Wait Wait...Don't Tell Me!
11:00 am
Sat November 19, 2011

Limericks

Transcript

PETER SAGAL, HOST:

Coming up, it's Lightning Fill in the Blank, but first, it's the game where you have to listen for the rhyme. If you'd like to play on air, call or leave a message at 1-888-Wait-Wait, that's 1-888-924-8924. Or click the contact us link on our website. That's waitwait.npr.org. You can find out about attending our weekly live shows back at the Chase Bank Auditorium in Chicago, or you can check out the "How to do everything" podcast from the producers of WAIT WAIT. This week: how to learn to like hockey, if there's no NBA season.

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SAGAL: It can be done. Hi, you're on WAIT WAIT...DON'T TELL ME!

STEVE MINCH: Hi, this is Steve Minch. I'm calling from Livingston, New Jersey.

SAGAL: Livingston, New Jersey.

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MINCH: Yes.

SAGAL: I grew up near there. I used to hang out at the Livingston Mall.

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MINCH: Why?

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SAGAL: Because there was nothing else to do, sir.

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SAGAL: I used to go to Spencer's Gifts and look at the blacklight posters. That was the highlight of my adolescence.

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MINCH: That I understand.

SAGAL: Sure. Well, welcome to the show, Steve. Carl Kasell right now is going to read you three news-related limericks with the last word or phrase missing from each. If you can fill in that last word or phrase correctly on two of the limericks, you'll be a winner. Ready to go?

MINCH: I'm rocking and rolling.

SAGAL: Here he goes.

CARL KASELL, HOST:

What the bowels pandas set free, you can steep in hot water for me.

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KASELL: It's quite an expense, but it leaves me less tense when I'm sipping my panda-poo?

MINCH: Tea.

SAGAL: Tea, yes.

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SAGAL: It is now time to dash the hopes of those of you who hoped panda-poo tea wasn't what it sounded like.

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SAGAL: But no, it is made from panda poo. Its creator says it, quote, "has a mature, nutty taste and a very distinctive aroma while it's brewing." He says it is sure to be a favorite among tea drinkers, much like the more established tea that is made from the waste of Earl and Lady Gray.

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ADAM FELBER: I...

ROY BLOUNT: Pardon you.

FELBER: Doesn't it sound like the Chinese just play mad libs when they invent stuff?

SAGAL: They do.

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FELBER: Like animal name, body part, ailment. You know, this'll do.

SAGAL: This is real stuff, actually. Because apparently pandas don't digest most of their food, so there's a lot you can do with it...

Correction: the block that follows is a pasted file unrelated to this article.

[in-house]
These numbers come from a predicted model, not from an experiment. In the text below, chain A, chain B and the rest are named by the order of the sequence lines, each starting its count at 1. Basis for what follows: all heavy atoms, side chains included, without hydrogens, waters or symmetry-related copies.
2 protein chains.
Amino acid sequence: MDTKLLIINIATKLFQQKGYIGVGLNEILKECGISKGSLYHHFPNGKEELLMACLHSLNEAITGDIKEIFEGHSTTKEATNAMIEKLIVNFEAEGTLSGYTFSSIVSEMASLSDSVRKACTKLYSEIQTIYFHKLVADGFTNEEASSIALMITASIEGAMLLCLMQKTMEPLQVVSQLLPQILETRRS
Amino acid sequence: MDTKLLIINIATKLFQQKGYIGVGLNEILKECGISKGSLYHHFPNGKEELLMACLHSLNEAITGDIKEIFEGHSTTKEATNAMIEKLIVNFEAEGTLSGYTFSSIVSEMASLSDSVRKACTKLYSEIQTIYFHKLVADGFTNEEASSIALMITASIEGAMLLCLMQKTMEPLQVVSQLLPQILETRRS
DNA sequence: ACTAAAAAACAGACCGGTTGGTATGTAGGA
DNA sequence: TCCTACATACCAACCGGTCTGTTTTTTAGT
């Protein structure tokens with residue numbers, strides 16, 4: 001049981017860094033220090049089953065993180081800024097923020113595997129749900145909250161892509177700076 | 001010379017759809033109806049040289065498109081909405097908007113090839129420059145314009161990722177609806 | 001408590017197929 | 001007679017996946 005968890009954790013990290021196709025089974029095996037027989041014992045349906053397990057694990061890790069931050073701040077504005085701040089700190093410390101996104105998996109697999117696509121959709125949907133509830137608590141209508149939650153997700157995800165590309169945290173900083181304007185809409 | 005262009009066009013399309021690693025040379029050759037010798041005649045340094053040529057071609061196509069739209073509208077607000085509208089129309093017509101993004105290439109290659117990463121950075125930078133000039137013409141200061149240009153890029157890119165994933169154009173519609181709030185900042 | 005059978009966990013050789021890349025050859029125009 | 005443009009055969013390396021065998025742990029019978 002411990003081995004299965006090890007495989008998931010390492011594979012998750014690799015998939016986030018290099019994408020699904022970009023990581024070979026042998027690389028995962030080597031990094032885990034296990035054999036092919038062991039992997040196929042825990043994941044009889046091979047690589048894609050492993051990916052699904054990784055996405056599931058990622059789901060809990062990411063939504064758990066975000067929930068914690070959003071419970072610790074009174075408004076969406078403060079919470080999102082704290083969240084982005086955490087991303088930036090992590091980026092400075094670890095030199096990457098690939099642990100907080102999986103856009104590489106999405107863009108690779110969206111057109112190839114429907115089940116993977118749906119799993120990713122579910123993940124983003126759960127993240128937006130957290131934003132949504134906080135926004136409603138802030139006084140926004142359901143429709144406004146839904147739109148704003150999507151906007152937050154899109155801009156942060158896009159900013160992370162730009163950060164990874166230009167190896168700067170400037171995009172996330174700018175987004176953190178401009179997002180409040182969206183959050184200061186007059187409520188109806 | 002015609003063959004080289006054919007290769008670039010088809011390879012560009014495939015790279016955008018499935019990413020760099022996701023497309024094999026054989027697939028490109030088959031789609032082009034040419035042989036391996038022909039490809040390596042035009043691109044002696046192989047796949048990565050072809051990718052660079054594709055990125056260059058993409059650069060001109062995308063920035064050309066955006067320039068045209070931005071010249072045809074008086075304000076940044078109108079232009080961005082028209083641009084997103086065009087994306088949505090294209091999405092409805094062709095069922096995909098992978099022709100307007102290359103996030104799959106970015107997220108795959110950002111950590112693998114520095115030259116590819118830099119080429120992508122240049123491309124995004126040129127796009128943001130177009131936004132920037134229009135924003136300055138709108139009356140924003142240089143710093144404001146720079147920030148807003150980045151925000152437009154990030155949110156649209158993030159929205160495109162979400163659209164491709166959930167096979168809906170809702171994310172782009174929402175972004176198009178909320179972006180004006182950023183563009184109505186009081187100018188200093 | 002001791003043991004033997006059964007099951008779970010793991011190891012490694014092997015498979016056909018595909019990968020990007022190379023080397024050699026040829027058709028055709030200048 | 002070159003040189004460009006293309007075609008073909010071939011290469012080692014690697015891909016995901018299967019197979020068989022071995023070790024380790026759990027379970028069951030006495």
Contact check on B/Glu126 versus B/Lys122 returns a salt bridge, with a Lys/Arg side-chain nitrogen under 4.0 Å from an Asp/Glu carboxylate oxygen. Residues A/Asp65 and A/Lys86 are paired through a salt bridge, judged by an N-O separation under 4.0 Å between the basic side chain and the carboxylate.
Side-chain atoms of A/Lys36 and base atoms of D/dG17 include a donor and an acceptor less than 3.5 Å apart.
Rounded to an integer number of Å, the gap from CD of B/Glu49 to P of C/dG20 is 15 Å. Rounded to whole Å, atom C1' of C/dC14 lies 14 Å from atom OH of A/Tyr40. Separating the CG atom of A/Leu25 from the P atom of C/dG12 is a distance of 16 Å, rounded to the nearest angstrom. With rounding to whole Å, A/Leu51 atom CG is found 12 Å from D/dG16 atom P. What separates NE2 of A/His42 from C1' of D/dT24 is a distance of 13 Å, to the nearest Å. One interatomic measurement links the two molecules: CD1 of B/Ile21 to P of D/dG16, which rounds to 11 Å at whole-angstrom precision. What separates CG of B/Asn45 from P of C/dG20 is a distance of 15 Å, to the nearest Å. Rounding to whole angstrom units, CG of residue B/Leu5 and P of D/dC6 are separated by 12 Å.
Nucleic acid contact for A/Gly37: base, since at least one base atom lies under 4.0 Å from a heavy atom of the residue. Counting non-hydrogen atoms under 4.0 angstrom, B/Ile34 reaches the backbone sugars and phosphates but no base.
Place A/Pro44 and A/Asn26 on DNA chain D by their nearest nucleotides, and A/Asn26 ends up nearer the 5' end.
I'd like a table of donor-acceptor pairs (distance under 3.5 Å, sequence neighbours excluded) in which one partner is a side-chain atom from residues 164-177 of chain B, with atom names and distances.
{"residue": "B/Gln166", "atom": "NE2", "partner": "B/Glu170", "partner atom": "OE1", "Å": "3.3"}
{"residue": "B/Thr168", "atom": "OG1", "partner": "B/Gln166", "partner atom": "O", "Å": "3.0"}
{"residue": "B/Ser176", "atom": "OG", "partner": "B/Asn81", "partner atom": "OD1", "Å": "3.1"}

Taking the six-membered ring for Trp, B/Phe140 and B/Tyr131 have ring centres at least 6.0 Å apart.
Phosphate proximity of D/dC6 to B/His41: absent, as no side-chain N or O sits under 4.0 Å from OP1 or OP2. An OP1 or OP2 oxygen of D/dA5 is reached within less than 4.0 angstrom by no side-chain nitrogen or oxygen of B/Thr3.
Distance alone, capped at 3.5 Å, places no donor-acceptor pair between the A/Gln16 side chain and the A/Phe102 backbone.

FELBER: So make bamboo tea.

FAITH SALIE: Yeah, it probably tastes like bamboo.

BLOUNT: Probably.

SALIE: Bam-poo.

FELBER: Bam-poo.

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SAGAL: Faith, you try it, let me know.

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SAGAL: Here is your next limerick.

MINCH: Great.

KASELL: Some sounds are just way past ignoring and at bedtime a snuff sounds like roaring. To silence my night I hold my toy tight. My Robot-Bear keeps me from?

MINCH: Snoring.

SAGAL: Right, snoring.

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SAGAL: Thanks to researchers in Japan, there's finally a cure for chronic snoring. It is a giant ferocious robot bear that flips you over in your sleep.

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SAGAL: This is true. It has microphones. And once your snoring gets above a certain decibel level, it reaches over and goes whoomph.

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SAGAL: So the good news is, ladies, you never have to worry about your husband snoring again. The bad news is it's because a robot bear just tore him in half.

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SAGAL: Here...

FELBER: I sleep better now that the giant robot bear is next to my bed all night.

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FELBER: I just don't see how that works.

SAGAL: Good night, honey. Good night. Good night giant robot bear. Good night.

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FELBER: Yeah, the snoring is gone, but I'm constantly terrified.

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SAGAL: Here is your last limerick.

KASELL: When traffic feels like it entombs and I'm waiting until motion resumes, my windows I crack to help me relax, because I get a high off the?

MINCH: Fumes.

SAGAL: Right, yes.

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SAGAL: Good news, people. This is great, particularly for people who were worried about being stuck in traffic. According to scientists in Israel, all that carbon monoxide you inhale in traffic helps you relax.

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SAGAL: That's an interesting finding, sure, but we knew this all along. Carbon monoxide slowly suffocates you to death.

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SAGAL: And isn't death just another word for really, really, really, relaxed?

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SAGAL: Carl, how did Steve do?

KASELL: Three correct answers, Peter. So Steve, you win our prize.

SAGAL: Well done, Steve.

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FELBER: Well done.

MINCH: Thanks, Peter.

SAGAL: Thank you for playing. Take care. Transcript provided by NPR, Copyright National Public Radio.